So now you are talking about own experience on a Drillship, not a brief visit to a Korean shipyard.
If this happened the way you describe it reflects very badly on the culture in the company you worked for and the shipyard in Korea that built it, as well as the inspection and regulatory regime by Class, Flag state and, in this case, USCG as the shelf state while working in the GoM.
The manufacturer of the lifeboats, (which presumable was of the freefall type?) has been narrowed down to two, both of which now belong to the same, actually Austrian group.
Since there are very few Drillships with freefall lifeboats and only two of those are owned by an American company, we can also narrow that down to one Owner.
If you, as Master, found the lifeboats to be faulty,did you report that to the flag state? (In this case presumably Marshall Island/ISR) and to USCG on entry into US EEZ?
As I said, I have never seen or heard of any claim that any of the three Norwegian manufacturers of freefall lifeboats had delivered defective boats. ( except the Veslefrikk incident)
May sound stupid to you, but in your original post you appeared to be able to determine thickness by looking at a lifeboat. (X-Ray Vision?)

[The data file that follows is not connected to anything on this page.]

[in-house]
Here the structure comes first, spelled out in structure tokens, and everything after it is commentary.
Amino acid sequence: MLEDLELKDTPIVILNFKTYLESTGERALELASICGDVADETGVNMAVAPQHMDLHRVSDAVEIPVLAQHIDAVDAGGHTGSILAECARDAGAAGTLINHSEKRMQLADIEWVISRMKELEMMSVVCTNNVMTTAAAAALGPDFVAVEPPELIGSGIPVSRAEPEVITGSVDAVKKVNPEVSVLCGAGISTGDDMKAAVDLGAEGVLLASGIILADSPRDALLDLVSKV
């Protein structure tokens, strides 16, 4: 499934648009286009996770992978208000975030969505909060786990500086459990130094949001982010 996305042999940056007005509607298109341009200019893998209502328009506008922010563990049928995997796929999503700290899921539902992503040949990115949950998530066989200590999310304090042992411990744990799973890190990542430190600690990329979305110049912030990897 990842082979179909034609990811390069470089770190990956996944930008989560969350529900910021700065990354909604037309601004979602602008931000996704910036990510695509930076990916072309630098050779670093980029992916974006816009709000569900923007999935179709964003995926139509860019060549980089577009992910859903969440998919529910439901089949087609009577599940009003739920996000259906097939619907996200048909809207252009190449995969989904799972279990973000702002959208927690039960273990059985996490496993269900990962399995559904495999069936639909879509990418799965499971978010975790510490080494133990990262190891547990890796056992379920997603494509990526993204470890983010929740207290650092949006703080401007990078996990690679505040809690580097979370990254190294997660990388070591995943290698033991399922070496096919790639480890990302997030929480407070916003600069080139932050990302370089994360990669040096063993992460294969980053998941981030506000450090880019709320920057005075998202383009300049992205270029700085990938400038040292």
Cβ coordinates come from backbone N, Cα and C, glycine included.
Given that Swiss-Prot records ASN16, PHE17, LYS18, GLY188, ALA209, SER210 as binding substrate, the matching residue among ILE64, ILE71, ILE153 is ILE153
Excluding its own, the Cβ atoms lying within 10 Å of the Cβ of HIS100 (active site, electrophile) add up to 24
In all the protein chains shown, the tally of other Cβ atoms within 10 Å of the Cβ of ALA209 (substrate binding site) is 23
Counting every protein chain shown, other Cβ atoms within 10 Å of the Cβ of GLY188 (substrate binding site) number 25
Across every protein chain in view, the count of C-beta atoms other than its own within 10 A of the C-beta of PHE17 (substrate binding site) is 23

And yes I do maintain that it is highly unlikely that all Surveyors that have inspected this ship and others with dangerously faulty lifeboats are stupid, incompetent, or on the take.
I have experienced all kinds of lack of knowledge, incompetence and stupidity in the Offshore and Shipping industries that may result in dangerous situation arising and/or gets overlooked, but this does not sound like that.
Neither have I experienced that the entire chain of Owner’s Inspectors, Shipbuilding Managers, Class Surveyors, Statutory Authorities and even Client Inspectors are willing to cover up anything as serious as this. (Individually maybe, but in a concerted effort ??)
I’m surprised that you appears to have joined in the effort as well.